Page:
03/2010;
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    ABSTRACT: We studied the effects of ^3He-impurity on the hysteresis phenomenon in solid ^4He grown in an annular container as measured by a compound torsional oscillator (TO). The sample is cooled while oscillating at an initial high (˜ 500 mum/s) velocity from a high temperature to a regulated target temperature where the Non-Classical Rotational Inertia fraction(NCRIf) is measured. The velocity is decreased to below a critical velocity of about 15 mum/s and then increased back to the original velocity where the NCRIf is measured again. The difference in the two NCRIf represents hysteresis. The difference is found to vanish (i.e. reversible) when the temperature is above a temperature Th(x3) which depends on the ^3He impurity concentration x3. Th was measured for x3 = 0.3, 6, 25 ppm. Surprisingly, Th coincides with the phase separation temperature evaluated according to Edwards and Balibar theory [1]. [1] D. O. Edwards and S. Balibar, Phys. Rev. B 39, 4083 (1989)
    03/2010;
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    ABSTRACT: Systematic observations of the magnetically generated fountain pressure in the superfluid H3e A1 have been carried out in a newly built apparatus designed to reduce the effect of thermal gradients. In the same apparatus, mechanical pumping and filtering of polarized nuclear spins were realized by the pneumatic pumping action of an electrostatically actuated membrane. In both experiments, the measured induced pressure was observed to decay at all temperatures where the A1 phase appeared in magnetic fields up to 13 T and liquid pressures between 1 and 29 bar. The inferred spin-relaxation rate tended to increase as the low-temperature phase boundary with the A2 phase (TC2) was approached. The increase in spin-relaxation rate near TC2 can be explained by the presence of a minority spin condensate in the A1 phase as predicted by Monien and Tewordt and by the application of the Leggett-Takagi theory of spin relaxation in superfluid H3e .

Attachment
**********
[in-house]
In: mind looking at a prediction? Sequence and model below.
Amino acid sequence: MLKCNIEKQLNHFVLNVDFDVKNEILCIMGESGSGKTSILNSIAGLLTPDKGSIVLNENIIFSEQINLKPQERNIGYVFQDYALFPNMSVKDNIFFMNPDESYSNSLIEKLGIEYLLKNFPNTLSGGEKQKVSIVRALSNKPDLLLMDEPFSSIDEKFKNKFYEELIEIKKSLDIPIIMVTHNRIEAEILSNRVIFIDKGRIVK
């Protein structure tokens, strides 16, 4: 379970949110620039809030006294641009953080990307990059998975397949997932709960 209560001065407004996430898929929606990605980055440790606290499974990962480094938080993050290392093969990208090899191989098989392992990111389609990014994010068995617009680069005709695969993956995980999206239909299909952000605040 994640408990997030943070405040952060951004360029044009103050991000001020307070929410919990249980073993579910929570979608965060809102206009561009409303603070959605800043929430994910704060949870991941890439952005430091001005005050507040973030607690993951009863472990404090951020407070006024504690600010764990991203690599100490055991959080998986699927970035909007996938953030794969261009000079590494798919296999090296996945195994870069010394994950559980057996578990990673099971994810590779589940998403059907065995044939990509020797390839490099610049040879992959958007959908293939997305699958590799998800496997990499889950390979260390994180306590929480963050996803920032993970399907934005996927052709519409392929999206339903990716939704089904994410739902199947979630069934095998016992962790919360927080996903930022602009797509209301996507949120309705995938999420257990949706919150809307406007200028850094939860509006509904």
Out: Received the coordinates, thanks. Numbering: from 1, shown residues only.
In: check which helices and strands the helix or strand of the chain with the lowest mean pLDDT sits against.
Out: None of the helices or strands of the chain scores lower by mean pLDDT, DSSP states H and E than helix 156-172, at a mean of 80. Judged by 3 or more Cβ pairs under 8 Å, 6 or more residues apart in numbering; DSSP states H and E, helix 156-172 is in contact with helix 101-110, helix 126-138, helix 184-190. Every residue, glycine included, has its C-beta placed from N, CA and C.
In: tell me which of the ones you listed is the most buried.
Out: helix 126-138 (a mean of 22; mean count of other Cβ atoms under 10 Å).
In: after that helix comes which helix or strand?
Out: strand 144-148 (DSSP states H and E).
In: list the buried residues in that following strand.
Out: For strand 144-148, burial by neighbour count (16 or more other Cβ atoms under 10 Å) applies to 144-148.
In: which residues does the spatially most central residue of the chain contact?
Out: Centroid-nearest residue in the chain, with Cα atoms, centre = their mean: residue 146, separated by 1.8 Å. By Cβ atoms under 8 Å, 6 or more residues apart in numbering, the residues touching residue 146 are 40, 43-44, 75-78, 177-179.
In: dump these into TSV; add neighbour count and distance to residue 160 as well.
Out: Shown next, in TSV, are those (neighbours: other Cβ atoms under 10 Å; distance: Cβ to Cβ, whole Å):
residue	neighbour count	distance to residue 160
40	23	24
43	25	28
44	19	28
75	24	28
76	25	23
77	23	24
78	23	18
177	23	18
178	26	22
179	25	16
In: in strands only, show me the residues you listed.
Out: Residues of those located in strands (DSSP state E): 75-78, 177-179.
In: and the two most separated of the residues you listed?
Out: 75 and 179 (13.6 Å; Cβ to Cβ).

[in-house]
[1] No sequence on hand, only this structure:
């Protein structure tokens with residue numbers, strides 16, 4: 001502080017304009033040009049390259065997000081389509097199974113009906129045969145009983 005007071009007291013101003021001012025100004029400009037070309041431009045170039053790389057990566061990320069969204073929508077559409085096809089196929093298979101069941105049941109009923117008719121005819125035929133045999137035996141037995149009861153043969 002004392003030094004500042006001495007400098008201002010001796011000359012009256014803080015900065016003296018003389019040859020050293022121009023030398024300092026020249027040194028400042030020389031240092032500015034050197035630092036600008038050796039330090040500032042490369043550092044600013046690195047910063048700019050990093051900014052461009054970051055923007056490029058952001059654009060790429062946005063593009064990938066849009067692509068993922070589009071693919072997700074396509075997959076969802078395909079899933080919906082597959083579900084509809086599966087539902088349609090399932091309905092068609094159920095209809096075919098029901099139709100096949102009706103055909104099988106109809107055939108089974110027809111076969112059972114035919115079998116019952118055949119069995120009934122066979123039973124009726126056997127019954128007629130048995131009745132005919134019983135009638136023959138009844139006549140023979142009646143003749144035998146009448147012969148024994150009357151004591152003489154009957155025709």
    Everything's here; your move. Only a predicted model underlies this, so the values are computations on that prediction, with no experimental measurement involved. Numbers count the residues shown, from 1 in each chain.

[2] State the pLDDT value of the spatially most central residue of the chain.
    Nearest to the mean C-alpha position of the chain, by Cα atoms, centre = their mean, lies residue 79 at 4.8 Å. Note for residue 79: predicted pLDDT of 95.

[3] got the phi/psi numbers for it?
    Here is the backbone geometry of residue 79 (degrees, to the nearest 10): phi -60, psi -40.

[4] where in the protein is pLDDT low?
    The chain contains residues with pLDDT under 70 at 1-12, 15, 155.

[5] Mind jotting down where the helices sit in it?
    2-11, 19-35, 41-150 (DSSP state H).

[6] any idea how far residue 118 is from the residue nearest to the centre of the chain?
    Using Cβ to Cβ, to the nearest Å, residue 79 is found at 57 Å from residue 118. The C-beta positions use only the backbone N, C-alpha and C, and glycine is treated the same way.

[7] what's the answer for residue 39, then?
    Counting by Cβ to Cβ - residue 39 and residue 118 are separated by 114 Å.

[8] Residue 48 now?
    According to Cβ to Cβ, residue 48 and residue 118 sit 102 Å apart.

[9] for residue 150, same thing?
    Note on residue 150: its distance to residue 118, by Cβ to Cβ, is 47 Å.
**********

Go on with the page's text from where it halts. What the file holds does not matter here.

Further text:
Physical review. B, Condensed matter 01/2010; 82(5). · 3.77 Impact Factor
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    ABSTRACT: We have carried out systematic measurements of the 3He-impurity effect using a compound torsional pendulum, which allows probing “non-classical rotational inertia” (NCRI) of the identical solid 4He sample at two different frequencies at 495 Hz and 1172 Hz. The measurements have shown significant differences in the temperature dependence of the NCRI signal as well as the energy dissipation peak positions between the two frequencies. The NCRI fraction derived from the higher frequency mode is greater than that derived from the lower frequency mode at all temperatures. The normalized NCRI fraction shows that T 50 (≡temperature at which NCRI fraction decreases to 50% of the maximum) is greater in the higher frequency mode by ∼9, 18, 30 and 35 mK when the nominal 3He impurity added is 0.3, 6, 12 and 25 ppm, respectively. The systematic changes in the inverse quality factor (Q −1) were also measured at the same 3He-impurity concentrations.
    Journal of Low Temperature Physics 01/2010; 158(3):567-571. · 1.18 Impact Factor
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    ABSTRACT: Mechanical pumping and filtering of spin-polarized condensate were realized in the superfluid He3 A1 phase by the pneumatic pumping action of an electrostatically actuated diaphragm. Spin pumping increased the net spin polarization by 20-50% as measured by the induced pressure change during spin pumping. The observed spin relaxation time was consistent with the increased spin polarization. These observations demonstrate the feasibility of using spin pumping to substantially increase the effective magnetic field to which the A1 phase is exposed.
    Physical Review B 08/2009; 80(5). · 3.66 Impact Factor
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    ABSTRACT: The magnetic fountain effect occurring in superfluid 3He A1 phase is a unique phenomenon in which the pressure and magnetic field gradients in the chemical potential are balanced. The effect has been applied extensively to investigate the intrinsic spin relaxation. We constructed a new improved sample cell. The new cell includes an inner detector and an outer reservoir chamber made of "Macor" which was helpful to reduce the heat release possibly arising from proton nuclei under high magnetic fields. The measured temperature difference between the two chambers was cut to less than 5 μK. The measured relaxation time τ of the fountain pressure decreases monotonically and smoothly as the temperature is decreased from Tc1 (normal- A1 boundary) towards Tc2 (A1- A2 boundary). As the temperature approaches Tc2, τ tends to vanish smoothly.